It was difficult deciding on the title for this piece. It was even more difficult trying to figure out where exactly to begin this ‘wailing’. I guess this will be my most difficult writing since I officially joined the Wailing Wailers Social Club of Nigeria, where we do nothing but wail and wail “like a child whose lollipop was taken away.” At our last monthly meeting, which held under the almond tree by the canal off my street, which has become the prime refuse dump for waste collectors, we did another review of our dear republic and wailed bitterly about how it is now being ruled by unknown gunmen. We were, however, consoled by the one fact that women are not competing openly for honours in this game of bloodletting and reckless dumping of human remains by the roadside. At least, we still have a species of the human family that has restrained itself from bloodletting but goes home to wail and mourn the killing of loved and unloved ones. We proposed a toast to the womenfolk and wish they never compete for laurels in this ‘sport’.
You see, a few years ago, we would sit in the newsroom of Champion House at Ilasamaja, out of where came the very fantastic football team, Ilasa Bombers, to reminisce on the reality in Syria and Iraq where no day would pass without reports of bombing, killings and even destruction of property. We would see images of these realties on international television channels and wonder how humans in those cities survived. Every evening, we would retire to Iya Eka’s spot to unwind and convert the liquid contents of green and black bottles into urine over some garnished animals and birds. At such times, we would re-imagine the realities and picture life in those far off countries where life had taken the Hobbesian dimension.
On Fridays, we would retire to our conclave, The Web, where Lord Budha, may God bless and rest his soul, would sit on his throne to lead a dissection of the realities of existence in the present milieu. The discourses were always more heated than what you get from the present Senate of the Federal Republic. The Web never rubber-stamped any issue, irrespective of Lord Budha’s preferences. I still recall that one of our most daring conclusions at the web was that Nigerians so much love themselves and love life too that they would not descend to such realities that we saw on television about Iraq and Syria. History has proved us wrong.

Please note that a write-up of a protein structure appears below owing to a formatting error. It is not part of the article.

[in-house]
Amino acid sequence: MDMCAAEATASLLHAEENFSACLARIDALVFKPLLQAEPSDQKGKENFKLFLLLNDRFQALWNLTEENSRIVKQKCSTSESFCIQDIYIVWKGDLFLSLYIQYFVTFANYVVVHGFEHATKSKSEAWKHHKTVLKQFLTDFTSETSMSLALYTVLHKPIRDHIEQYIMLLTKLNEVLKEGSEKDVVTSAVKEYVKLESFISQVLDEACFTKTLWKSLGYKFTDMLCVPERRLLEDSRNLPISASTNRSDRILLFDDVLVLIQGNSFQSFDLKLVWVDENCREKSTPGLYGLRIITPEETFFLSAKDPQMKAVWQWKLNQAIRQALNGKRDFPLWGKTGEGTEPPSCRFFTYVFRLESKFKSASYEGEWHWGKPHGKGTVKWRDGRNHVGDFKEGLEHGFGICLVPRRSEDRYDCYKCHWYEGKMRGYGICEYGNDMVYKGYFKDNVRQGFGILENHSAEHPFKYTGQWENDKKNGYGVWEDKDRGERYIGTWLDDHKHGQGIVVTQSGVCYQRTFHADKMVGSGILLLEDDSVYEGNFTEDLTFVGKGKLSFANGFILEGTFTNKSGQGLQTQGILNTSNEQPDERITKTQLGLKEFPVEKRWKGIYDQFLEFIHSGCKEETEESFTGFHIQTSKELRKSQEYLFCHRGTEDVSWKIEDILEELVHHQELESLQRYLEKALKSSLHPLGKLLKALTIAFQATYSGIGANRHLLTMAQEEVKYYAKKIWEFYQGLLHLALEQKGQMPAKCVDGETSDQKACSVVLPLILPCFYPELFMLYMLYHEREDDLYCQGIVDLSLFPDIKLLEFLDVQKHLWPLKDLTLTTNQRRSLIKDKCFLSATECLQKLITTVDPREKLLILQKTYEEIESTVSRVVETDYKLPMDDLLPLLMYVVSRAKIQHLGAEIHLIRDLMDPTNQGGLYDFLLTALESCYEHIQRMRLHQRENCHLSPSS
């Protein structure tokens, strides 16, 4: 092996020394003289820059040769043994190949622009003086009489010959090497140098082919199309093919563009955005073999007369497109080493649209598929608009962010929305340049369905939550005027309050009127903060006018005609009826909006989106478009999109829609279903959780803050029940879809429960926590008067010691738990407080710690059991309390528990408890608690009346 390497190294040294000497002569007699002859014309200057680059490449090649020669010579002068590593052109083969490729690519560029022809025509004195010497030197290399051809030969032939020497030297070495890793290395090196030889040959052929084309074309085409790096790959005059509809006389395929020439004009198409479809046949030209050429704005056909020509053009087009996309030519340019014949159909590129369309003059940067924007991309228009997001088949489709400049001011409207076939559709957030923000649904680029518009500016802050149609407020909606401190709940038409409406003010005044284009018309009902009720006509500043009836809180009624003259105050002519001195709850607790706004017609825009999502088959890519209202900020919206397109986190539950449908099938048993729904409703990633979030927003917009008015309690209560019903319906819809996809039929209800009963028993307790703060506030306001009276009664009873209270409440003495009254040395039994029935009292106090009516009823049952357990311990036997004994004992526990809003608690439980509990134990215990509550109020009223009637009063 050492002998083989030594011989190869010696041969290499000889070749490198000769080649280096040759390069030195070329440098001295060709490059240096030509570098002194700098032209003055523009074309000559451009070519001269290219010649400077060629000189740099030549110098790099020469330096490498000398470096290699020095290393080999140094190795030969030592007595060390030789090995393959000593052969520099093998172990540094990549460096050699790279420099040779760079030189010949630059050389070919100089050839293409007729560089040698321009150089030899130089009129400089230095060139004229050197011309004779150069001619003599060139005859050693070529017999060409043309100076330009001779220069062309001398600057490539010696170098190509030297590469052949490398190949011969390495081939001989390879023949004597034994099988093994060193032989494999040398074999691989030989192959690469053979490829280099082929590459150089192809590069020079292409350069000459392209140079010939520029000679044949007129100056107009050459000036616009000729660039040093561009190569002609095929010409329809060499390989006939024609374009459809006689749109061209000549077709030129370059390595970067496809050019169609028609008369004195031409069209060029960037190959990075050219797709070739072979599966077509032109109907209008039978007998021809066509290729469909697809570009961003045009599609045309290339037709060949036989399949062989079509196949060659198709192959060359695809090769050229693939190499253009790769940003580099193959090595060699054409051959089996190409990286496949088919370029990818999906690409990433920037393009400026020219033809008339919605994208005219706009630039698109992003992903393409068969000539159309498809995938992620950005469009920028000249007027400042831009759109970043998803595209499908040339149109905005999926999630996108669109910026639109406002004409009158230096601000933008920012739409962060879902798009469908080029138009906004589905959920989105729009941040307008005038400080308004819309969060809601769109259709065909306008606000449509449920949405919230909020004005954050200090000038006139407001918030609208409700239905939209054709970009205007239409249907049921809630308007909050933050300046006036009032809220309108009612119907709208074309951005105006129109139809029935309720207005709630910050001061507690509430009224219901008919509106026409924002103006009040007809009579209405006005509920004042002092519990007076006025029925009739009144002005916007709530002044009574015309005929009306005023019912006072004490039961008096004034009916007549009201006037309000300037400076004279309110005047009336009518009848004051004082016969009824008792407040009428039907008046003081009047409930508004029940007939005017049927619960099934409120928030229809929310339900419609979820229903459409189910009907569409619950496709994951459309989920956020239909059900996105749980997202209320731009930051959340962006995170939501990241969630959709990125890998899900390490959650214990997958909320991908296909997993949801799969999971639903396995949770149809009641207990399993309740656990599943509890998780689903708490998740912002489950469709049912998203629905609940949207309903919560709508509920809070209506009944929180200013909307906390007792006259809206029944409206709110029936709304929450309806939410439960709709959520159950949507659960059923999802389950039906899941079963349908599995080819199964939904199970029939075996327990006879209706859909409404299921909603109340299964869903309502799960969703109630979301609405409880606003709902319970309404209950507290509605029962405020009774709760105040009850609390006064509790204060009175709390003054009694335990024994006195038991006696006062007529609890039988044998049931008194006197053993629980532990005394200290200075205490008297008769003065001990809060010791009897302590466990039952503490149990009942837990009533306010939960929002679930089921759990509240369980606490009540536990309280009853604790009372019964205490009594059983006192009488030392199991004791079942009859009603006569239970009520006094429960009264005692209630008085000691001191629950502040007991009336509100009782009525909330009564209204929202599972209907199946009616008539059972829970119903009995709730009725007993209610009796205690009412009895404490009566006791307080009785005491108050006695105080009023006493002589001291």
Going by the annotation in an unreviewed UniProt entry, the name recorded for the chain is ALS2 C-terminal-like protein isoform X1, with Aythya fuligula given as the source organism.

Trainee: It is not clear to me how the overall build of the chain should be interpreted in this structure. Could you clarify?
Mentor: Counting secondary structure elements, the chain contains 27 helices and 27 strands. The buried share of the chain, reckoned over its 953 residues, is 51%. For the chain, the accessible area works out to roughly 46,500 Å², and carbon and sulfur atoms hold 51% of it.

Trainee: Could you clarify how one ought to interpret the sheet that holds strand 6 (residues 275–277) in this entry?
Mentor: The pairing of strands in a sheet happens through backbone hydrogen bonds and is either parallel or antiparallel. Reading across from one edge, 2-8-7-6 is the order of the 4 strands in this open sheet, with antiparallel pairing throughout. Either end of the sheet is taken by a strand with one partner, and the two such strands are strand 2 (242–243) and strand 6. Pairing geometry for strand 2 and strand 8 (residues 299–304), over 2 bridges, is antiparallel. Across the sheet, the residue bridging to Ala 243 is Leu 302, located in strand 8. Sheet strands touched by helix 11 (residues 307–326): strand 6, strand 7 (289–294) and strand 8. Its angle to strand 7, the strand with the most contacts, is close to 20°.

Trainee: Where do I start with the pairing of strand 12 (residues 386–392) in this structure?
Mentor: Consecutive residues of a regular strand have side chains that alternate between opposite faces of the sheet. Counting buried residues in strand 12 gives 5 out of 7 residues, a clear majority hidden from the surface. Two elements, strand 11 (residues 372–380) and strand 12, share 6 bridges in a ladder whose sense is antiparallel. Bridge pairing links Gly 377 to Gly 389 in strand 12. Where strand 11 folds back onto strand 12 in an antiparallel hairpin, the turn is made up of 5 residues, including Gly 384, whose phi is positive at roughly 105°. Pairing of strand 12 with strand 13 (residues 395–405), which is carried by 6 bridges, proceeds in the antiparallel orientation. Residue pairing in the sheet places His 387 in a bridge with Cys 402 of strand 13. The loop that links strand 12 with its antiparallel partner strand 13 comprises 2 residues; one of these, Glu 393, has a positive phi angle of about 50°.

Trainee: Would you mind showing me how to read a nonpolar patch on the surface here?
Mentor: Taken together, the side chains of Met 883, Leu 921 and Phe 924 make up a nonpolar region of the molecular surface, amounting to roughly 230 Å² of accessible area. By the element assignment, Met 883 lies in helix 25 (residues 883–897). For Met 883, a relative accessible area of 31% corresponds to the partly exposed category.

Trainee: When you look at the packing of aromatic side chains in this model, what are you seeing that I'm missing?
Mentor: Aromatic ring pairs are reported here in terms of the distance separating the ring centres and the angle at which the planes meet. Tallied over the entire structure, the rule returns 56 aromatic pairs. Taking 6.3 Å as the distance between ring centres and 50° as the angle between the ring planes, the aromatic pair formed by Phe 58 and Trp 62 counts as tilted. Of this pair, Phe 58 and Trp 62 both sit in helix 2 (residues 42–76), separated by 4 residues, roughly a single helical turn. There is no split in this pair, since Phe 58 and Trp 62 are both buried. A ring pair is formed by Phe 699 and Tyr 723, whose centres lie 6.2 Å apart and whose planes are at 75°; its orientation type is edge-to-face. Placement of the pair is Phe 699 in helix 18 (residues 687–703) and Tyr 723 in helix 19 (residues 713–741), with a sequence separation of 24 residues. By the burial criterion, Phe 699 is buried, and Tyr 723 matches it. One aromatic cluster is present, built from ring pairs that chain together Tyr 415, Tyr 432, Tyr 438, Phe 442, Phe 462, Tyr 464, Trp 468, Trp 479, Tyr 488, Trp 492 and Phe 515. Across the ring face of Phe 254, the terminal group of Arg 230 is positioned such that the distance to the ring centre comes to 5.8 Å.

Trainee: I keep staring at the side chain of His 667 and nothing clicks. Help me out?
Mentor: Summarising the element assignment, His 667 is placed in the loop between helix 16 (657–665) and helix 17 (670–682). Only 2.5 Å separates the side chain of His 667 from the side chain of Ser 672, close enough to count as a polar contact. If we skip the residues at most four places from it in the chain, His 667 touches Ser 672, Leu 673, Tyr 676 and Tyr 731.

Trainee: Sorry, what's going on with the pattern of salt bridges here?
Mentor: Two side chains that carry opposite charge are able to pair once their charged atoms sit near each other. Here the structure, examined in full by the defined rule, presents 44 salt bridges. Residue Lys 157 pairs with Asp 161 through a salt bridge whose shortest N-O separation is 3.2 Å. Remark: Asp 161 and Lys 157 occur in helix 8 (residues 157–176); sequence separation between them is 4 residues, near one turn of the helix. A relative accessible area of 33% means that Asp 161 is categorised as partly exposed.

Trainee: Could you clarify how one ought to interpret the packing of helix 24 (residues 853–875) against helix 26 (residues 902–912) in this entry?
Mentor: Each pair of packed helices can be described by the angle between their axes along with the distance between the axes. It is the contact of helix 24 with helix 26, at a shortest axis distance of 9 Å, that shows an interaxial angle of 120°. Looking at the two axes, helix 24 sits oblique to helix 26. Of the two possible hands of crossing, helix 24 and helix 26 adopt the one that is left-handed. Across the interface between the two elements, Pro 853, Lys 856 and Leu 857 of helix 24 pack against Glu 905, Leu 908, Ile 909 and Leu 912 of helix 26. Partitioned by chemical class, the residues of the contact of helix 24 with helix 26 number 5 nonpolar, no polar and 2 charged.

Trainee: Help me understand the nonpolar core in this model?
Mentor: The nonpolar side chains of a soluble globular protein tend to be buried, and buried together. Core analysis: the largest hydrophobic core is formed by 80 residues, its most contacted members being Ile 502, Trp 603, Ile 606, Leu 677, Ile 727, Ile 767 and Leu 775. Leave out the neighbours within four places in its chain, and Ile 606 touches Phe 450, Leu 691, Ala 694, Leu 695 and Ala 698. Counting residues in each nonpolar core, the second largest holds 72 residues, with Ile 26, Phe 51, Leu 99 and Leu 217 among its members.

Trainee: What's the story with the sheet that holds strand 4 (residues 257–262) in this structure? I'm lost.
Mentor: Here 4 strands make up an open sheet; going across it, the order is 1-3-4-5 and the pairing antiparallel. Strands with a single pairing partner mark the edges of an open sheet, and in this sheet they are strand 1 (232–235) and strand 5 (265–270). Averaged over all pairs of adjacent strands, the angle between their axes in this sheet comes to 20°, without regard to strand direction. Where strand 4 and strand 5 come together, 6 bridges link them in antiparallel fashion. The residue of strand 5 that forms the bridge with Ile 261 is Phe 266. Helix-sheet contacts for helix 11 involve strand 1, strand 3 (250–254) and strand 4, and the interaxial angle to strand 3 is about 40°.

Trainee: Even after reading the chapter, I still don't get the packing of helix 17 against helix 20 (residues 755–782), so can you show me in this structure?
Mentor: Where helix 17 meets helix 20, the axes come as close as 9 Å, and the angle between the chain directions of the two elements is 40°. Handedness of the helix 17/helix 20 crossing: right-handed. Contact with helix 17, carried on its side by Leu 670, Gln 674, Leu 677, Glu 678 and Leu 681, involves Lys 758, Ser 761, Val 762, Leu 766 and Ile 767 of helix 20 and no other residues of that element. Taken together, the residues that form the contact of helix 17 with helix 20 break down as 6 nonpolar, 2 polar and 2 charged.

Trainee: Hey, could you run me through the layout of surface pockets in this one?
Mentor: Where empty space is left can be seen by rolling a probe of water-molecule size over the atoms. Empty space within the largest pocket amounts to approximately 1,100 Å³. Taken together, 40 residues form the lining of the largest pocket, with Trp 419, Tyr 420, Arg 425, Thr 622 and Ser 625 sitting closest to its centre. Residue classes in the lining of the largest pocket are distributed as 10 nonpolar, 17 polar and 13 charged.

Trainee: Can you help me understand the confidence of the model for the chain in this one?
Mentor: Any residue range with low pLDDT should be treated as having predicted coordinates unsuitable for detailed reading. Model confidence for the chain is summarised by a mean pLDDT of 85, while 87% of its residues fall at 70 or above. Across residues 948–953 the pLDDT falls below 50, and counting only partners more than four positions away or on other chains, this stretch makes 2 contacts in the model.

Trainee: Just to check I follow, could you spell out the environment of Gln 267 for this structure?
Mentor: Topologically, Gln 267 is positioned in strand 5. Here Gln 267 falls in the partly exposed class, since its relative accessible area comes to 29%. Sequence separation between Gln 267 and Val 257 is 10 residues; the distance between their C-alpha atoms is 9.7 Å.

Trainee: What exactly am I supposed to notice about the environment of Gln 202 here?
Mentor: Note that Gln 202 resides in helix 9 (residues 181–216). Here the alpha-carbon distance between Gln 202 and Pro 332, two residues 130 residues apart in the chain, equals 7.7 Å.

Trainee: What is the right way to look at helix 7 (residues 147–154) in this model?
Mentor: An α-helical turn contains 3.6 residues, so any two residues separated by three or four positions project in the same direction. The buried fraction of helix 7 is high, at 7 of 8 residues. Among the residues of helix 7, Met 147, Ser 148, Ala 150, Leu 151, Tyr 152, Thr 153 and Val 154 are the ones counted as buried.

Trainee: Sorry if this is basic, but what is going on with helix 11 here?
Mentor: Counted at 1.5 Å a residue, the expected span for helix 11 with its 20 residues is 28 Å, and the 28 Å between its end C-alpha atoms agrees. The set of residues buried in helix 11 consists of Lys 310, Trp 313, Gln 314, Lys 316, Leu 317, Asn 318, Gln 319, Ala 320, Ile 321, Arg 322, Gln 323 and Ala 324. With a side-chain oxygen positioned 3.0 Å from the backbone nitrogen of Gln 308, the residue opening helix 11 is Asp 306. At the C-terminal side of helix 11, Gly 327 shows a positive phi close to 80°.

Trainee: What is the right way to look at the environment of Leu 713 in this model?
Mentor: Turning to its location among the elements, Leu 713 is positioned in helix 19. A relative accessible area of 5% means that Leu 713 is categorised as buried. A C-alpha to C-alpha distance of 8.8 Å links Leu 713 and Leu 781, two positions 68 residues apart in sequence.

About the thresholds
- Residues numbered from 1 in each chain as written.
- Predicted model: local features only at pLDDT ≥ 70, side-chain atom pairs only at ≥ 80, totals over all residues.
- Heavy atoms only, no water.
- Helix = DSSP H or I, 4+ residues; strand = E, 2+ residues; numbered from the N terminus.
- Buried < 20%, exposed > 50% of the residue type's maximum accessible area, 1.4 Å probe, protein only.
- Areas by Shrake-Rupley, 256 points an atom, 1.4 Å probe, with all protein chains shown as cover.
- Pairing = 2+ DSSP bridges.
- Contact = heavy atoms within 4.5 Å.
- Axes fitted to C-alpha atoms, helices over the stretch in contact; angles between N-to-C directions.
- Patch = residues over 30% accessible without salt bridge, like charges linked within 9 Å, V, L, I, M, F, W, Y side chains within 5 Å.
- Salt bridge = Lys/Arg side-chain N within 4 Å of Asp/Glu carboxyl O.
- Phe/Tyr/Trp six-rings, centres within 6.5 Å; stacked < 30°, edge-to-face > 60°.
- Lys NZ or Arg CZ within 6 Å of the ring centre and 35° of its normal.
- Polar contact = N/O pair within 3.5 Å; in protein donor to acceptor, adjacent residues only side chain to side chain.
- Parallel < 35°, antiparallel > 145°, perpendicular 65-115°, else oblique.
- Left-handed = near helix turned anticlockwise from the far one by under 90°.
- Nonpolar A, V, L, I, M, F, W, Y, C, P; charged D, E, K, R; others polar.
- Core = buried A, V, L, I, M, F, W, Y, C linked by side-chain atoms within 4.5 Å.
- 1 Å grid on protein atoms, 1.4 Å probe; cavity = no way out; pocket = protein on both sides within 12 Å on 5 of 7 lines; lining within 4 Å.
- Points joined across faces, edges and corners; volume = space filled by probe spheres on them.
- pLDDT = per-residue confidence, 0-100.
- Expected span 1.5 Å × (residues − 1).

Well, we were right then because even with our minimum wage, life was still relatively good. There were killings, yes, but they were mostly related to politically motivated assassinations or communal strife, etc. Never did we know that we would ‘grow’ to a stage in Nigeria where Thomas Hobbes would be seen as a philosopher who foretold Nigeria’s future. Hobbes, an English philosopher, was born in 1588 and died in 1670. In 1651, he published his most important work, The Leviathan, in which he espoused his understanding of government as a social contract between the people and the government, where the people subject their will to a government, which administers society on their behalf and offers them protection. That man made famous the argument that the absence of government returns society to a “state of nature” where life is “brutish, nasty and short”. He did not know of Nigeria when he wrote The Leviathan. And as he rightly proposed, life has become brutish, nasty and short in Nigeria. The pendulum of rudderless leadership is now pointing at Nigeria and you now begin to feel that a day without reckless waste of life by the unknown gunmen would be another festive day in Nigeria. It used to be Iraq, Syria, Afghanistan and Libya. It may get worse.